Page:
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Champion of Change Japan Award is looking for five good women

August 24, 2021

The CCJA award recipient and top finalists with the selection committee | CCJA

Since 2017, the Champion of Change Japan Award (CCJA) has recognized female leaders who work to address the most pressing needs of their communities. An online event explaining CCJA and calling for nominees for 2021 was hosted on July 29 at the Venture Cafe Tokyo. It was moderated by the journalist Noriko Akiyama. Makiko Terahara — the top finalist of the 2020 award — and Masataka Uo, a member of the award selection committee since 2019, were both in attendance to offer their perspectives and answer questions.

The idea for CCJA began with its founder, Atsuko Toko Fish, receiving the Champion of Change award from U.S. President Barack Obama in 2013. Living abroad in Boston, surrounded by a ubiquitous push for progressive change, Fish wondered why Japan hadn’t made similar strides over the decades. “I felt Japan needed a similar award to highlight women making positive changes,” she said in a video message. According to Fish, CCJA’s goal is not simply to applaud the achievements of particular women, but to shine a light on possibilities and encourage others to take action as well.

The CCJA is supported by the Fish Family Foundation as well as Tiffany, the world-renowned jewelry company. Each year, hundreds of women in Japan are nominated, and after a rigorous selection process, five are asked to give a presentation about their accomplishments, what drives them, and their future trajectory. The grand prize, given in December, is ¥1 million (about $10,000), while the four runner-ups each receive ¥250,000. All finalists also receive a commemorative crystal ball from Tiffany.


2020 top finalist Terahara

The 2020 CCJA award ceremony was held virtually in December at CIC Tokyo. | CCJA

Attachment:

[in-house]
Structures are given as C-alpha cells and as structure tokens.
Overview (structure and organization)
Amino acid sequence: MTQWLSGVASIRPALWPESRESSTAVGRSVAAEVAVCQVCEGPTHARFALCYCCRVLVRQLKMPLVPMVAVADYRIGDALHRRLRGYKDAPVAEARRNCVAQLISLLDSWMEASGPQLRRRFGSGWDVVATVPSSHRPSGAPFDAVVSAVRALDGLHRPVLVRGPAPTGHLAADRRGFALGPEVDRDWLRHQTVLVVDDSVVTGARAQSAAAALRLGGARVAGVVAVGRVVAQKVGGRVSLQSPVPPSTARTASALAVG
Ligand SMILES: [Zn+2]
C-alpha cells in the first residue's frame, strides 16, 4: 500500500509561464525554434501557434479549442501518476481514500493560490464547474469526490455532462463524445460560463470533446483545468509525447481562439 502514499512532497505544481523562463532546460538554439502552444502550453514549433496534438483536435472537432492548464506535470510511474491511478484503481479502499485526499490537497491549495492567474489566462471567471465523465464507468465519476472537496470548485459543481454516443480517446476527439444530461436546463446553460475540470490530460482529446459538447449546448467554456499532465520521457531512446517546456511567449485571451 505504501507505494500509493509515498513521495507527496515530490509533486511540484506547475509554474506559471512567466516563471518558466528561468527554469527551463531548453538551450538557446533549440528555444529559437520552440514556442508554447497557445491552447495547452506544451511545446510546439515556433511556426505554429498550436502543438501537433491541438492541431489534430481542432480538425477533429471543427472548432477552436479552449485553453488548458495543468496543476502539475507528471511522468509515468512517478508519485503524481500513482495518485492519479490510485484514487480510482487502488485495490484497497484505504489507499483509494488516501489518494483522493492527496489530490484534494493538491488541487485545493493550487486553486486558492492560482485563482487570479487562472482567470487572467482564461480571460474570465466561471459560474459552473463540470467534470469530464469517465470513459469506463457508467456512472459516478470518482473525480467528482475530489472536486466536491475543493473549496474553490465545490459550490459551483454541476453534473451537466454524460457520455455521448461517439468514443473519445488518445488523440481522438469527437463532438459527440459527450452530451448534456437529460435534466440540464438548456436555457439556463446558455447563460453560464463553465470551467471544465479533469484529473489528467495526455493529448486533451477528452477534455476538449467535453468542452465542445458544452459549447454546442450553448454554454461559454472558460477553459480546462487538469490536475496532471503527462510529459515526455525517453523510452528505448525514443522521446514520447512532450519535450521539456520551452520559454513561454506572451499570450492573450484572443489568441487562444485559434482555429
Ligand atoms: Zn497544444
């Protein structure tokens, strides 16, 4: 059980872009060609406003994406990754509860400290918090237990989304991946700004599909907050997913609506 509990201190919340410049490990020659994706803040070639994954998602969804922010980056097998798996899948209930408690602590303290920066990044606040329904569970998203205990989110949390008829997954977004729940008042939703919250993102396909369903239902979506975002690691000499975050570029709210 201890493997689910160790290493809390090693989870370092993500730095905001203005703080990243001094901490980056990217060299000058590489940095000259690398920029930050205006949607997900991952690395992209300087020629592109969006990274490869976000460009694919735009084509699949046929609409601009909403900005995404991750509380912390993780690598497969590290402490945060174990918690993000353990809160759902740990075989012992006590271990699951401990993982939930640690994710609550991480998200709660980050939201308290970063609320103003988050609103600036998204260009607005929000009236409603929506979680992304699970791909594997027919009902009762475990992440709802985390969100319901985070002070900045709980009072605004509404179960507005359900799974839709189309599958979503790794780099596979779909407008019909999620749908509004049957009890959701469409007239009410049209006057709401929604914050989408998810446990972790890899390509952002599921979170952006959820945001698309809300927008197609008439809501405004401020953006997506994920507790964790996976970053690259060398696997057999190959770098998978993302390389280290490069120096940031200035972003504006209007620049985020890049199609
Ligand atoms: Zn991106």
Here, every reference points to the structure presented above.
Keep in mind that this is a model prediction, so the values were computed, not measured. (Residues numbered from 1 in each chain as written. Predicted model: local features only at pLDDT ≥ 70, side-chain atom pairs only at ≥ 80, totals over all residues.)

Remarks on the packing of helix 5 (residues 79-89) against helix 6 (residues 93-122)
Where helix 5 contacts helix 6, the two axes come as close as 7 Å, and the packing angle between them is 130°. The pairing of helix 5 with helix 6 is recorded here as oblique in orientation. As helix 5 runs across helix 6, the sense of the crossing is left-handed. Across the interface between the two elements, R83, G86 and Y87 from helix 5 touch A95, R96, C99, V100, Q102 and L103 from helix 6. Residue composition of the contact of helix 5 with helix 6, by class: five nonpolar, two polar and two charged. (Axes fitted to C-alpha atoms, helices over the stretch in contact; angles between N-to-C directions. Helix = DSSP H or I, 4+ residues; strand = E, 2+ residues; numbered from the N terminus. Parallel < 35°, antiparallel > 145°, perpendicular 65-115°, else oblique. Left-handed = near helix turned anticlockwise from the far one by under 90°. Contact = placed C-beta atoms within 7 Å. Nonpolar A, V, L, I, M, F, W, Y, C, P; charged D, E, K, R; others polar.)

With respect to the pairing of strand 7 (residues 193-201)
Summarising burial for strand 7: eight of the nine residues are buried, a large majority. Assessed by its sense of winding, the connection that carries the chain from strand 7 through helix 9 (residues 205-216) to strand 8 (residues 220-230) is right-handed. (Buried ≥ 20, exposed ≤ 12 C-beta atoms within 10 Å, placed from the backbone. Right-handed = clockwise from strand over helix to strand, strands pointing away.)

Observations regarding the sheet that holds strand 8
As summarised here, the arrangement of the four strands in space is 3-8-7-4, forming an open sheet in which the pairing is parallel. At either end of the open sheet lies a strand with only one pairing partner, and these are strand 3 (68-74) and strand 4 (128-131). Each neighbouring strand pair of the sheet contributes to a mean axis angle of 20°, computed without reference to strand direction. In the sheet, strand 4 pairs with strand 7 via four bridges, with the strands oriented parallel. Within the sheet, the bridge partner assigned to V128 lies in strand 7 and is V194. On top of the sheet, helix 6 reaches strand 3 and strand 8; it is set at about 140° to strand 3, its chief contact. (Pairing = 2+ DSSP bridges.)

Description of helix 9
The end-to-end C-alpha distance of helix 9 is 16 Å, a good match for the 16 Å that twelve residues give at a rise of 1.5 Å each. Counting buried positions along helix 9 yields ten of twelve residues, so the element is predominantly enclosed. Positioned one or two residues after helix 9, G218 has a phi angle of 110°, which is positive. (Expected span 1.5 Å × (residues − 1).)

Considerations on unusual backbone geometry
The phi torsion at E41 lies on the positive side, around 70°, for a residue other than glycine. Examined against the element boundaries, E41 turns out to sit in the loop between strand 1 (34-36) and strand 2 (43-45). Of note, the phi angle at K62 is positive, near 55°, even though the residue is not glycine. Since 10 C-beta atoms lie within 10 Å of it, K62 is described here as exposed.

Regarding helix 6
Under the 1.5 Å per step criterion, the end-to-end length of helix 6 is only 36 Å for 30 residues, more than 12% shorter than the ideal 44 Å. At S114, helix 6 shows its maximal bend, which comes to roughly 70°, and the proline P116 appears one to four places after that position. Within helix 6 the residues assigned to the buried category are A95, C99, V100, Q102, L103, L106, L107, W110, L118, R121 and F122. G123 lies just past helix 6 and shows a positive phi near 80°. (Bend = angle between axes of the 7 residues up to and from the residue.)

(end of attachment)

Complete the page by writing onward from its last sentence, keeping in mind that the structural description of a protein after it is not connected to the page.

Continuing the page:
In 2020, Makiko Terahara was chosen as the top finalist. She was recognized for her work as a lawyer supporting same-sex couples in Japan who want to marry yet face legal barriers and cultural backlash. As the representative director of the organization Marriage For All Japan (MFAJ), she has been a passionate advocate for progressive legal changes to marriage laws in Japan.

Although she is herself heterosexual, she became involved because of her passion and determination to help others. She says she felt a responsibility to do something positive for a minority group. “I truly feel that not doing anything for people who are hurting — to ignore the issue because it doesn’t affect me personally — is the same as advocating for discrimination,” she said.

“I think what CCJA is doing has great value for Japanese society, and it was a true honor to have MFAJ’s efforts showcased.”

As for the award itself, “that is just the beginning,” she said. “I’ve had many opportunities to network with the other recipients and intimately learn about the issues that they are tackling.”


Passion and determination

Currently, CCJA is seeking nominees for 2021. “While only a woman can be selected, men can take part by nominating someone,” moderator Akiyama said. Tiffany representative and chief sustainability officer Anisa Kamadoli Costa encouraged everyone to nominate someone: “Women leaders are all around us, and we all know someone to nominate.”

Uo commented on the selection process: “We receive around 200 nominations, and the office screens them down to 25. Then we come together and have intense discussions to cut that number in half again. Finally, the remaining five give a presentation to decide the top award, so the entire process takes time.”

When he was asked about Terahara, Uo explained that her most standout feature was, without a doubt, her determination.

“When we interviewed her about her goals, she had a clear plan for what she would do if she won the award, and an equally clear one in the event she did not. Either way, she would be fighting for same-sex marriage rights with the same undeterred gusto.”

What if a potential nominee is not already in a strong position of leadership? Can she still be nominated? Uo answered with a resounding yes: “What matters in leadership is not only magnitude of results, but also an individual’s determination to make an impact as well as the ability to effectively manage available resources on any scale.”

Of course, hopefuls should understand the evaluation standards on the CCJA website. But more than that, the selection committee must differentiate between highly qualified candidates. “To do that, we consider other factors such as what the award might mean for the recipient, how they would fit into the community, and their passion,” Uo clarified.

Uo echoed Terahara’s sentiment of the award being just the beginning. He called the CCJA a “double win” in that the recipients receive more than just a monetary reward and a pat on the back. Instead, they are welcomed into a community of other impactful women in the hope that collaboration can compound their impacts in the future.

“And besides, Atsuko-san always gives recipients a big hug! In 2020 it was a ‘virtual hug,’ but this year, she can hopefully do it the old-fashioned way,” he added with a grin.

Nominations can be made at the following form (Japanese only). The deadline is Aug. 31 https://jwliccja.org

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